Jonathan Crowe

Book reviewer, cat photographer, fanzine editor, map blogger, snake whisperer.

Month: October 2018

Head On

Book cover: Head OnDespite the title, the sport of hilketa—in which robots piloted by humans try to remove each other’s heads—is not the most interesting part of John Scalzi’s Head On (Tor, April 2018).

Like its predecessor, Lock In (Tor, August 2014), Head On is set in a world where millions of people have a condition called Haden’s syndrome, where they are awake and aware but locked into their bodies. Hadens log into robot avatars called “threeps” (because, yes, they resemble C-3PO) to interact with the non-Haden world. But rather than make the disease and the solution the central focus of this series, Scalzi treats them as background, tucking them away in a prequel novella, “Unlocked.” What he does instead is, to me, much more interesting: he focuses on the knock-on effects of the solution to the epidemic.

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Books Read: August-September 2018

  1. The Wizard and the Prophet by Charles C. Mann. Uses Norman Borlaug and William Vogt as archetypes of two diametrically opposed approaches to solving global problems like hunger, energy and climate change: essentially, innovate versus reduce. Engrossing synthesis and a tour de force of even-handedness.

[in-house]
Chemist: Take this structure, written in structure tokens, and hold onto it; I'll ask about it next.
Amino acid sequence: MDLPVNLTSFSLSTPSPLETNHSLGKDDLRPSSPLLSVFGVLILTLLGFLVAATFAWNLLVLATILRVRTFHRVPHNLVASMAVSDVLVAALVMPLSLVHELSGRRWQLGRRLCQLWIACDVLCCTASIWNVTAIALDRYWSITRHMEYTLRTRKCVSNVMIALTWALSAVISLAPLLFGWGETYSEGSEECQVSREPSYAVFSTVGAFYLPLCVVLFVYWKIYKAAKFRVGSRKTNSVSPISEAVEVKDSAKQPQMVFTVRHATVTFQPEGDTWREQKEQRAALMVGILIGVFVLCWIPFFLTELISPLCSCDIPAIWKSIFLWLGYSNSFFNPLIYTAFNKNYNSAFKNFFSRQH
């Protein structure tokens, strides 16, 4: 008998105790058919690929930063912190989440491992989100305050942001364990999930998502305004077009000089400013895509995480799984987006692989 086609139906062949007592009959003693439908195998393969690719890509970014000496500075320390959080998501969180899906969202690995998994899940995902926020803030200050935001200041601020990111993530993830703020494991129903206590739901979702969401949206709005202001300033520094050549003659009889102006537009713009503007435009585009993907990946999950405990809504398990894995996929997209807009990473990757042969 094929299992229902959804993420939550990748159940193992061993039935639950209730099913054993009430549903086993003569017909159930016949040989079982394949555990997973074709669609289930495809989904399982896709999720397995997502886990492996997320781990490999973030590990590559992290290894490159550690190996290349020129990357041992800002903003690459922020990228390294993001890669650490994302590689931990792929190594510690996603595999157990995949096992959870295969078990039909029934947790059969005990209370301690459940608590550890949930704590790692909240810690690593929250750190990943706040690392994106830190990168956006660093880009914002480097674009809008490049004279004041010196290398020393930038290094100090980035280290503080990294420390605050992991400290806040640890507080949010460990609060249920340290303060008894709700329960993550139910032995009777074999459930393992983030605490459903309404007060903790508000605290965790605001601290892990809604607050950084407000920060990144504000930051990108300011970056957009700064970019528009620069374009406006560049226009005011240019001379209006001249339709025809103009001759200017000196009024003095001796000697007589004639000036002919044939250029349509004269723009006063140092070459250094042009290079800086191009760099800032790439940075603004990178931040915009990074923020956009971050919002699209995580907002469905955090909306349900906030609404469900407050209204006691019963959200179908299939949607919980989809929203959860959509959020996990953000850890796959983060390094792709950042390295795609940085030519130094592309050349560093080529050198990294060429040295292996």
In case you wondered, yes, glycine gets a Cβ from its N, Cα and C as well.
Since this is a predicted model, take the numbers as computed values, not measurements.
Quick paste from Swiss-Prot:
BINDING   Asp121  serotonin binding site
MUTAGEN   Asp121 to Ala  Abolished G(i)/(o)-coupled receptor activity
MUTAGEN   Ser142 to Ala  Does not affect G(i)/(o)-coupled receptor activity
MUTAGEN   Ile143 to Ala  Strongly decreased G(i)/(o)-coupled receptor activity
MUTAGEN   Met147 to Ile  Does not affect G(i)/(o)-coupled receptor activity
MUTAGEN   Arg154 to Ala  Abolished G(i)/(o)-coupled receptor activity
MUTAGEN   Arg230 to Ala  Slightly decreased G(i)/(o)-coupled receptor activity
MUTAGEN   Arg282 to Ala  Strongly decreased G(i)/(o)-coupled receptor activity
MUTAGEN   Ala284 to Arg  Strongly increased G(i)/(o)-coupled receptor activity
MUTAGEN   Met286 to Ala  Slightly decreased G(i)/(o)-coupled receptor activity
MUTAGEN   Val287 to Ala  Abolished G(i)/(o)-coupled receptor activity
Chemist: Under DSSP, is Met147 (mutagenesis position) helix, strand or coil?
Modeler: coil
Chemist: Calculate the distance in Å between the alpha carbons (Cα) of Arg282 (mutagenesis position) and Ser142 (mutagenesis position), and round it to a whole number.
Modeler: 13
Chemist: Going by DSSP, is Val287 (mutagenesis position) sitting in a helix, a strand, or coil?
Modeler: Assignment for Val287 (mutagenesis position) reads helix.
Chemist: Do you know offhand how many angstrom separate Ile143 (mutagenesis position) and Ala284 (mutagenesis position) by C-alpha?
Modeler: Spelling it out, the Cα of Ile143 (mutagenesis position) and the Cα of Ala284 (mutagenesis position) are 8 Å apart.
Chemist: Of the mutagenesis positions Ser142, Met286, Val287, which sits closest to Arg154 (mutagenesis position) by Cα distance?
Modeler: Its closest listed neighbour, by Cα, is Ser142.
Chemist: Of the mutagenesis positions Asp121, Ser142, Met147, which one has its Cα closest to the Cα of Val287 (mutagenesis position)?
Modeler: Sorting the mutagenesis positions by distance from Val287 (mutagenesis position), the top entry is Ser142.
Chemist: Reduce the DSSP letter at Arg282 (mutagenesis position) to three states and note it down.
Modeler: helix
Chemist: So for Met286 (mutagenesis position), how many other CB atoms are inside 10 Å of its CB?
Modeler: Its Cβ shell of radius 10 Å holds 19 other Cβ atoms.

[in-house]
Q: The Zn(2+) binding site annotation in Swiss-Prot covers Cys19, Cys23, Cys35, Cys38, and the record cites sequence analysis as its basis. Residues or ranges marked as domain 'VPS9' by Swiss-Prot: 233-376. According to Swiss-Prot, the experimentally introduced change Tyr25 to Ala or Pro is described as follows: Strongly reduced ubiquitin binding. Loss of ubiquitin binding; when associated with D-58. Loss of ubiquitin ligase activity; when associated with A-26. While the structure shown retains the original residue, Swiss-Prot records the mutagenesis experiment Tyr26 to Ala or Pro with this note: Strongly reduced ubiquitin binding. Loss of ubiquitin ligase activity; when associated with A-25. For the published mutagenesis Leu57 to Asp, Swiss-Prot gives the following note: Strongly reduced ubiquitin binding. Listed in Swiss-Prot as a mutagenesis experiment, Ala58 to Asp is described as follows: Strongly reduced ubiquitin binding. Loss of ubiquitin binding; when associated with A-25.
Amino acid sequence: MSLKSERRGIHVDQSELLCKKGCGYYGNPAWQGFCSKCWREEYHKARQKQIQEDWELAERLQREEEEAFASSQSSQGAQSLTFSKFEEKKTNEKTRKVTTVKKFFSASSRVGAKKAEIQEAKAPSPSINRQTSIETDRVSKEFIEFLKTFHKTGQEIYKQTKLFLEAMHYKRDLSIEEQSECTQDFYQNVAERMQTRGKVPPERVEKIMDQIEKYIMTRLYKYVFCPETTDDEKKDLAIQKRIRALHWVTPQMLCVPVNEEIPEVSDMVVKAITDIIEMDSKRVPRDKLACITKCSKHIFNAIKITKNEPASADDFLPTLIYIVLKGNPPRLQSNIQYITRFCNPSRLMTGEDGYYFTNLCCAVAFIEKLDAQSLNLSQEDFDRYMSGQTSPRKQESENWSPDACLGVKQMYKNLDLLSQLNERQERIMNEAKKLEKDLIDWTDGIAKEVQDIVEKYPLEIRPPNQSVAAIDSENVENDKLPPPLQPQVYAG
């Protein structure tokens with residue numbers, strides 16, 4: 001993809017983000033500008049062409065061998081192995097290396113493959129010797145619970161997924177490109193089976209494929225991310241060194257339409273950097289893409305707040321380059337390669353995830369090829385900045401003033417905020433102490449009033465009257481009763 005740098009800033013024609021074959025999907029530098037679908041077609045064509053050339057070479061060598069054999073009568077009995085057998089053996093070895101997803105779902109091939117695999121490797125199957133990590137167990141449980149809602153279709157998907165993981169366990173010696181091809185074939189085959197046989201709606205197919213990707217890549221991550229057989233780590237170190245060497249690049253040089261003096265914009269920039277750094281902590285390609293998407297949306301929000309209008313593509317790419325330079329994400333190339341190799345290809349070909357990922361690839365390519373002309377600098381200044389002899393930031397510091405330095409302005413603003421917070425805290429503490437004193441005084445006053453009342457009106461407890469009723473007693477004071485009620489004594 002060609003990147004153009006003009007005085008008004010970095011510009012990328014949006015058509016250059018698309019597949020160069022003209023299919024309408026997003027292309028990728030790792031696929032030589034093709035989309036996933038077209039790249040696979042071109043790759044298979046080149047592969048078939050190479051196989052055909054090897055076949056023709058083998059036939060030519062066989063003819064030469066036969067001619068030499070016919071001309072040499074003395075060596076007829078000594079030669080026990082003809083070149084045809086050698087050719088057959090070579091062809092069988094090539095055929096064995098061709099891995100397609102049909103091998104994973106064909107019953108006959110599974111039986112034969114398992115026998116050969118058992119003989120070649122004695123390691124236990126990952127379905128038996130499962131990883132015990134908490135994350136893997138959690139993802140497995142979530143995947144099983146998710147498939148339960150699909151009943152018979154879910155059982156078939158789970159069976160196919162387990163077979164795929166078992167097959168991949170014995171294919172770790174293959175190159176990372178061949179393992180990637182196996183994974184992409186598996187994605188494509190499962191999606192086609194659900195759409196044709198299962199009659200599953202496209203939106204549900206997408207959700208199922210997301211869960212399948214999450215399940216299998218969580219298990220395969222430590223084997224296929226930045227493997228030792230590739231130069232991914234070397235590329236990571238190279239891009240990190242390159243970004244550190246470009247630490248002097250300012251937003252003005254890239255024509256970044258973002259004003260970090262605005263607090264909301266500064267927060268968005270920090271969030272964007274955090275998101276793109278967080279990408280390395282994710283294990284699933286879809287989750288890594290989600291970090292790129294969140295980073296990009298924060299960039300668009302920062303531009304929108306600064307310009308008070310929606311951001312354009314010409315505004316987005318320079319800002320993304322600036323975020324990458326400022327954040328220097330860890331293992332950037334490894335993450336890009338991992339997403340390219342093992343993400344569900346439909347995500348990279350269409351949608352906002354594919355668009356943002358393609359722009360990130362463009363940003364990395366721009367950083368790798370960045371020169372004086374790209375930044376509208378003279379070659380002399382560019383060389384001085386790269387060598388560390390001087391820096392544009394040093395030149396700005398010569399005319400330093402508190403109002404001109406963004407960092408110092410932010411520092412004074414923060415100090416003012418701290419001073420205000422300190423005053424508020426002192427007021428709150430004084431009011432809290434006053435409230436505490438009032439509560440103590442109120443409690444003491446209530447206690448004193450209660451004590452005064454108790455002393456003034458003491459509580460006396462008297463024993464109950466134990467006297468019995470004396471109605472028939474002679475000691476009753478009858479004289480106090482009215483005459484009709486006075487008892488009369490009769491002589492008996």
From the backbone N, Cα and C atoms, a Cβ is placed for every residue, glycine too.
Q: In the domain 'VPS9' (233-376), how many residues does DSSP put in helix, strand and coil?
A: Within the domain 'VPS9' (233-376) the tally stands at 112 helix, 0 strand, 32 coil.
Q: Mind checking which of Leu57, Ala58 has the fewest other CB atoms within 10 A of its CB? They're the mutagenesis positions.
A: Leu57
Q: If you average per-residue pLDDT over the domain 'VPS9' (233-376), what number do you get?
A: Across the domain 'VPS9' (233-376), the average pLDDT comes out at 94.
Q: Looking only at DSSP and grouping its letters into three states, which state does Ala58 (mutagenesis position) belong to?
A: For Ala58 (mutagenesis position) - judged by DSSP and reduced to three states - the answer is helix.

2. The Million by Karl Schroeder. Novella set in the same universe as Lockstep. Review forthcoming.
  3. Bullshit Jobs: A Theory by David Graeber. An expansion of his 2013 essay, “On the Phenomenon of Bullshit Jobs”; explores why a capitalist society ostensibly obsessed with efficiency and productivity would produce jobs that for all intents serve no purpose and should not exist, and the inverse relationship between usefulness and compensation.
  4. The Lost Art of Finding Our Way by John Edward Huth. A look at how we navigated before GPS came along. Review forthcoming.
  5. Washington’s Spies: The Story of America’s First Spy Ring by Alexander Rose. A history of espionage activities around New York during the Revolutionary War, focusing on the Culper Ring. Fun fact: Abraham Woodhull is a relative of mine (he was my 4×-great-grandfather’s second cousin) so this is family history, as is the TV series based on it.

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